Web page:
That, despite the fact this nation’s coal reserves are sufficient to provide power at present levels for hundreds of years.
As a consequence, a wave of anti-Obama sentiment is sweeping the states whose economies are dependent on coal, to the point where unknown challengers have won near-majorities in Democratic primaries against an incumbent president.
But we started out talking about gasoline, and there are several important points to make about how the current administration is acting to drive the price of this essential commodity through the roof.
First, as Romney pointed out in the debate on domestic issues that he so handily won, the United States still falls far short of the levels of domestic oil production it could and should be reaching because of administration restrictions placing much of the nation’s public lands off limits for drilling.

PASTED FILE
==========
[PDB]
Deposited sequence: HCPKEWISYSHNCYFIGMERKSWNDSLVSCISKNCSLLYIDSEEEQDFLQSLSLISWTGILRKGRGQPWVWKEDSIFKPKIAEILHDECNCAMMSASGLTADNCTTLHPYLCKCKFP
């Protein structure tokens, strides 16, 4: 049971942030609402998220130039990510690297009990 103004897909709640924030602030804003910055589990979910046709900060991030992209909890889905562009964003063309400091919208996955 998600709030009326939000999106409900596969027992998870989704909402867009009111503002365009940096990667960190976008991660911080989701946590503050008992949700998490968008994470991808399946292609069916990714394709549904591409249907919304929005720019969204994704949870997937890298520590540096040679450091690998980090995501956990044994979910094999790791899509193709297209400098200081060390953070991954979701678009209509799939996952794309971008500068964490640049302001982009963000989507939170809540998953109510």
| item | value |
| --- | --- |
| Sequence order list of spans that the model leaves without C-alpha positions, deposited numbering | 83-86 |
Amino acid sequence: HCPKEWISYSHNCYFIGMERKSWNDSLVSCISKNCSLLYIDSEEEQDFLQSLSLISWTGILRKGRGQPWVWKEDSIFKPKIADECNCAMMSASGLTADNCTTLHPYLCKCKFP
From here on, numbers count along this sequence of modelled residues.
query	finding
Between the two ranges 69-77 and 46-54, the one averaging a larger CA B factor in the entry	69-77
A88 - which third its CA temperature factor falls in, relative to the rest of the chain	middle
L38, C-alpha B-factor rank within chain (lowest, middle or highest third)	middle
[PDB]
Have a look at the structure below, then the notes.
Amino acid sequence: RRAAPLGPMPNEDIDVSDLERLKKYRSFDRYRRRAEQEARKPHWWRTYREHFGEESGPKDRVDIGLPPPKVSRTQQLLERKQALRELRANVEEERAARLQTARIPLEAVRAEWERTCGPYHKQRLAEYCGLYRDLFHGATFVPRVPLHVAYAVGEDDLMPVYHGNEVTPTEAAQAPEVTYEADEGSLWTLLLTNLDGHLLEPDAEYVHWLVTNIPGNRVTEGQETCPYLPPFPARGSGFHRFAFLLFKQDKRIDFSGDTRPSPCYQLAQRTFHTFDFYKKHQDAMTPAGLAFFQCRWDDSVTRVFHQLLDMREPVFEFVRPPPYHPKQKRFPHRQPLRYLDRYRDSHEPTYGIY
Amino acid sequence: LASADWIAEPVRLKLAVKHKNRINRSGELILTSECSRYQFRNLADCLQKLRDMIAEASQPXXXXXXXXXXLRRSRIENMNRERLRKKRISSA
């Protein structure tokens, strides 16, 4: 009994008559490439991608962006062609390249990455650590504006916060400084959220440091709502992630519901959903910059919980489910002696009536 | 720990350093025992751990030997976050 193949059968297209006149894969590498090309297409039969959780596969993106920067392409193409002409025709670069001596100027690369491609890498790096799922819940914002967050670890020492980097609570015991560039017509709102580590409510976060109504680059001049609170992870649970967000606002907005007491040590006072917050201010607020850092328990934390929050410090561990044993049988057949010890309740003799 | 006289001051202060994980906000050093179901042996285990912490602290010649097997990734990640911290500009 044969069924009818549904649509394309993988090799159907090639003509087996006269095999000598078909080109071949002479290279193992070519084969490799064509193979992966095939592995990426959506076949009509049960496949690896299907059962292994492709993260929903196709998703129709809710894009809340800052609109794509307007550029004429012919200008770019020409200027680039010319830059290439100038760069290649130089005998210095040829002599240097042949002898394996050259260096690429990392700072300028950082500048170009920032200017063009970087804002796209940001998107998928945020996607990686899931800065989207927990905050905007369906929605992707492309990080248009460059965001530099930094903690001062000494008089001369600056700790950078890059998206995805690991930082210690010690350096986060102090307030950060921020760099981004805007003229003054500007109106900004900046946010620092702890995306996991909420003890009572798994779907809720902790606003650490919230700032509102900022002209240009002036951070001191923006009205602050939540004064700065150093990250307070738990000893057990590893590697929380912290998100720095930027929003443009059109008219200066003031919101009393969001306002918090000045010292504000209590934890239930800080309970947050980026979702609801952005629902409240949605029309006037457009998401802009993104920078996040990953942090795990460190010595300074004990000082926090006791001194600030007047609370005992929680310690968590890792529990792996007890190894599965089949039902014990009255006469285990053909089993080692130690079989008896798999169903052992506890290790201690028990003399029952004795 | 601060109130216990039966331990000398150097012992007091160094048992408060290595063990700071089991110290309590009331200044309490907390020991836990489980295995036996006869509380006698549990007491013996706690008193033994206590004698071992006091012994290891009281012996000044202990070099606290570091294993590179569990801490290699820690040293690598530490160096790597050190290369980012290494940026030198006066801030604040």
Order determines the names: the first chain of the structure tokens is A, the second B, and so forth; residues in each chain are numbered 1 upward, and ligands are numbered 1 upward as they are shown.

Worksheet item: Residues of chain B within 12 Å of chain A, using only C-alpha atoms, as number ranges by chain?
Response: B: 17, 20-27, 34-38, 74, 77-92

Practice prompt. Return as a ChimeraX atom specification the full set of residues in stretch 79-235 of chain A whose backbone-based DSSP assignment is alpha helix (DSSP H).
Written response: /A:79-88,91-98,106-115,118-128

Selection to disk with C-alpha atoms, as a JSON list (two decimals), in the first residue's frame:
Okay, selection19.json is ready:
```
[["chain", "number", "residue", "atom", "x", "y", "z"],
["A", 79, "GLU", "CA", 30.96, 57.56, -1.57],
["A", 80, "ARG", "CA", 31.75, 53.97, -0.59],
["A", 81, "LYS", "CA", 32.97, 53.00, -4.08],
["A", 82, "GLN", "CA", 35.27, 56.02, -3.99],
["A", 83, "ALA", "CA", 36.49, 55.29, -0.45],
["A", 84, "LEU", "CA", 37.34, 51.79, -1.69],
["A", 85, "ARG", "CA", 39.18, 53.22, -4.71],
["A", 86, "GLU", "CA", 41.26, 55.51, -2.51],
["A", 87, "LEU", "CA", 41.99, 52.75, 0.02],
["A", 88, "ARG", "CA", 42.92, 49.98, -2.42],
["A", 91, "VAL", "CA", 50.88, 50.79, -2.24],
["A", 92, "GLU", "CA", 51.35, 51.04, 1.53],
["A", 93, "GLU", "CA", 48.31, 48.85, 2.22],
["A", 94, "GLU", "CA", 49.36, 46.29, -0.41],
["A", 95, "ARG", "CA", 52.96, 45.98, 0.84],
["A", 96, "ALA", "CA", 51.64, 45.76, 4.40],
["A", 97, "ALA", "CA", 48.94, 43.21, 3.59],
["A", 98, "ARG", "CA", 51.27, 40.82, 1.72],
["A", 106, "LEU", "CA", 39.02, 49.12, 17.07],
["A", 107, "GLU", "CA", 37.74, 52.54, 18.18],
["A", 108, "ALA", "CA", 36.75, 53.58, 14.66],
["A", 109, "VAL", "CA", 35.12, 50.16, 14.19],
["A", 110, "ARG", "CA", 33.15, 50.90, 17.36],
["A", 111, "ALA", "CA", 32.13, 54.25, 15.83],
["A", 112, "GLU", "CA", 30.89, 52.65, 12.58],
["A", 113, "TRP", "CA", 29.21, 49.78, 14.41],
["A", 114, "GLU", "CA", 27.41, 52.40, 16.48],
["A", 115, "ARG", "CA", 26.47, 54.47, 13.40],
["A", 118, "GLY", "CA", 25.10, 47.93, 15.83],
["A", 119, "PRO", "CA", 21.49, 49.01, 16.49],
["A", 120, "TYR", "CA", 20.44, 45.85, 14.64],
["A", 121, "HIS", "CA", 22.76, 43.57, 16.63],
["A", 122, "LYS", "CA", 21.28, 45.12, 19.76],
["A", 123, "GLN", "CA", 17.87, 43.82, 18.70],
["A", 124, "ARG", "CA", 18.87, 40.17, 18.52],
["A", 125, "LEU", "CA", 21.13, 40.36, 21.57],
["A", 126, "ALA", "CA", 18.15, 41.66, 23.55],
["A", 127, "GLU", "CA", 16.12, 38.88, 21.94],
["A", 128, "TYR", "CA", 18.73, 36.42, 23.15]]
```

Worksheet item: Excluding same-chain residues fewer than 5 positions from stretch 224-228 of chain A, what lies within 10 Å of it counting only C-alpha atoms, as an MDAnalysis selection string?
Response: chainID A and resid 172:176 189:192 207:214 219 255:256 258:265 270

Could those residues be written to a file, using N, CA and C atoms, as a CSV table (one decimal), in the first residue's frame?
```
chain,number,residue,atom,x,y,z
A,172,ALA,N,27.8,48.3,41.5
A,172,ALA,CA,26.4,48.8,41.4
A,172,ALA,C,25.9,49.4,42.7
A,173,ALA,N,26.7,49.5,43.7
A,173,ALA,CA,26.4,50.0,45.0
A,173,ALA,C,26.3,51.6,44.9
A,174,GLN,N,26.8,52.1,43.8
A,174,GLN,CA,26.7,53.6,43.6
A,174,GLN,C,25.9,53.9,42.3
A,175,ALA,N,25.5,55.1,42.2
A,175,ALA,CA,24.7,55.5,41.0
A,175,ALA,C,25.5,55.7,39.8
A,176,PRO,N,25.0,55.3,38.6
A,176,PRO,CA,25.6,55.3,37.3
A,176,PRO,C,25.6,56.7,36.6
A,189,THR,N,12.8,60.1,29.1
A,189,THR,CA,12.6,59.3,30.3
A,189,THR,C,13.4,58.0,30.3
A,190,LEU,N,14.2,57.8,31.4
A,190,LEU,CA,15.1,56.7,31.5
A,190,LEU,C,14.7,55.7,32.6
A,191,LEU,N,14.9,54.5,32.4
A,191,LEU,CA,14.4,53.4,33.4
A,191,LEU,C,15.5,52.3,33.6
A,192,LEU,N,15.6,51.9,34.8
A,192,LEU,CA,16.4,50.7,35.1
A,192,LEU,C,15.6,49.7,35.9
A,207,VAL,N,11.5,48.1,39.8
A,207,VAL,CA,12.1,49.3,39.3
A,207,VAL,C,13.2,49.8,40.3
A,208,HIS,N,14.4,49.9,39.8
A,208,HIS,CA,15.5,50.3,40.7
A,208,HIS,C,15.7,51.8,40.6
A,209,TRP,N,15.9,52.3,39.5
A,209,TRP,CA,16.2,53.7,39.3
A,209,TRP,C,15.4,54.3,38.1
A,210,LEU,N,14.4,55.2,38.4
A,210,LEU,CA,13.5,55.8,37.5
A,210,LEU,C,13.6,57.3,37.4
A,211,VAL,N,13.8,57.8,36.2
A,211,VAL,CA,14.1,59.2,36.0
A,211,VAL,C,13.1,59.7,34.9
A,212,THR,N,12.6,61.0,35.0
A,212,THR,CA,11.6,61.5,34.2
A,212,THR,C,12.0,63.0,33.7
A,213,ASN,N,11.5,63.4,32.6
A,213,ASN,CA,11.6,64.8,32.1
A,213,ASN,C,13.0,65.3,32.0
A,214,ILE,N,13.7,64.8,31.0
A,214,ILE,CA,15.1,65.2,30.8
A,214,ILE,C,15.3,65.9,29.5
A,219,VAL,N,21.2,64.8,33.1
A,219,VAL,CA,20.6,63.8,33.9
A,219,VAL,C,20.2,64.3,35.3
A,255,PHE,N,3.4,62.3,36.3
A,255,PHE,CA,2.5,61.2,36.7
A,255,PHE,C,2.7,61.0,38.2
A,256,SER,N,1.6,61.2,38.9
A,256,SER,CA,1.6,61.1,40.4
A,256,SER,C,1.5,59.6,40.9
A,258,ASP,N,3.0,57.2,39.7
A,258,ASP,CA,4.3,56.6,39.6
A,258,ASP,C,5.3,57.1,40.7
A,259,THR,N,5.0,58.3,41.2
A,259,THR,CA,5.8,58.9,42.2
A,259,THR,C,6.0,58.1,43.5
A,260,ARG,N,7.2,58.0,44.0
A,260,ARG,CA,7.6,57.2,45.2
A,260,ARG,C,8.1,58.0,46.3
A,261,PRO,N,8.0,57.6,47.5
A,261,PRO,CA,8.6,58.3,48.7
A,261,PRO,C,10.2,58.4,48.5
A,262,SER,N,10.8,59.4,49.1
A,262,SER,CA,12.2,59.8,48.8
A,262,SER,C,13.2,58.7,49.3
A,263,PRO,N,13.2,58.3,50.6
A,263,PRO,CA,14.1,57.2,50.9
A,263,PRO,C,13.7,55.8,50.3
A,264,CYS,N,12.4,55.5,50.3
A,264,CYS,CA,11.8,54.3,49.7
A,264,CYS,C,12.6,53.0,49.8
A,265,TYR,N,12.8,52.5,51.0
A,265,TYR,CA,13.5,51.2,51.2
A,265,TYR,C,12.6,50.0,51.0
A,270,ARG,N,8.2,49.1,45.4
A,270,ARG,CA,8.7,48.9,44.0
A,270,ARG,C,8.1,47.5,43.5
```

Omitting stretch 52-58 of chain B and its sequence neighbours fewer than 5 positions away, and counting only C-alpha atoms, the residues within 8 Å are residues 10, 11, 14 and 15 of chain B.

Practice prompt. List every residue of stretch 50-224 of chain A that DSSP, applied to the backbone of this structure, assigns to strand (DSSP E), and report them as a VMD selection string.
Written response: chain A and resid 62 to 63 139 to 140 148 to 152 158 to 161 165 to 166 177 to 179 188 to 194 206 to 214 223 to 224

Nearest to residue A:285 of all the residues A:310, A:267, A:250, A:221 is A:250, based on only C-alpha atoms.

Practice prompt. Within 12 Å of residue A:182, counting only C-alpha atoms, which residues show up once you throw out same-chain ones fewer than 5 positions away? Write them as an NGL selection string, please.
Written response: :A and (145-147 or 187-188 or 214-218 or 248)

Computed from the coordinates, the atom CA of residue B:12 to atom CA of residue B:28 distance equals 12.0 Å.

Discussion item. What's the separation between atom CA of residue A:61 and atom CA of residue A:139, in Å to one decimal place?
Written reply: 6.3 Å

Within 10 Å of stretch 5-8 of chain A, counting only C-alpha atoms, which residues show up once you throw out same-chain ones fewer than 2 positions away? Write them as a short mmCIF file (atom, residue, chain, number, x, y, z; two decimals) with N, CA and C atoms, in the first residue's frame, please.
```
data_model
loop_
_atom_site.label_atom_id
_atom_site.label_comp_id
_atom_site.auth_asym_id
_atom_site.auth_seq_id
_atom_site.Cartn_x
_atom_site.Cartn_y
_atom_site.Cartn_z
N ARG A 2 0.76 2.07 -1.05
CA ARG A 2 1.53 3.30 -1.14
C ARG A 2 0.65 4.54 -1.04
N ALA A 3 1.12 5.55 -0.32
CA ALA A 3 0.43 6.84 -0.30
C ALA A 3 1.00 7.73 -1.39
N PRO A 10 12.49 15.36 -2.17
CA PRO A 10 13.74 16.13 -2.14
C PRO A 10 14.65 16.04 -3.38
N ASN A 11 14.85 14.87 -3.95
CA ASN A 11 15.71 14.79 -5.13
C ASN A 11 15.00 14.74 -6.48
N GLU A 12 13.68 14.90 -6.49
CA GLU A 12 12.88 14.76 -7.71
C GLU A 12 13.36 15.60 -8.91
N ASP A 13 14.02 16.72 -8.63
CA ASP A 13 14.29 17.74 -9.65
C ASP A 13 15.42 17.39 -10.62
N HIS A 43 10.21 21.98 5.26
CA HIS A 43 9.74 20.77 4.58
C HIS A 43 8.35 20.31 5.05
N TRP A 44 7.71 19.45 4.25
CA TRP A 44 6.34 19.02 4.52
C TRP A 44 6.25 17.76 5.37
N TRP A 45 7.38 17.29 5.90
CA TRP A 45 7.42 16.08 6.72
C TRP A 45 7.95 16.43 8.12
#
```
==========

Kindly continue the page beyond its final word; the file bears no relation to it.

The president is fond of saying production is up, and it is—on private land—but that doesn’t mean much if we still are overly dependent on foreign sources for such a highly significant resources.
Saudi Arabia and Nigeria continue to benefit from our reluctance to use our own vast resources for our own needs. It’s time to stop funding the spread of radical Islam by the dollars we spend to get to work, use for errands and take vacations.
In addition—and this is a factor in the California debacle, but it affects the entire nation—national refinery capacity is stuck at a 1970s level. Part of California’s problem is that refinery shutdowns have left that state without viable options for more supplies, leading not only to skyrocketing prices at the pump but actual station shutdowns and rationing.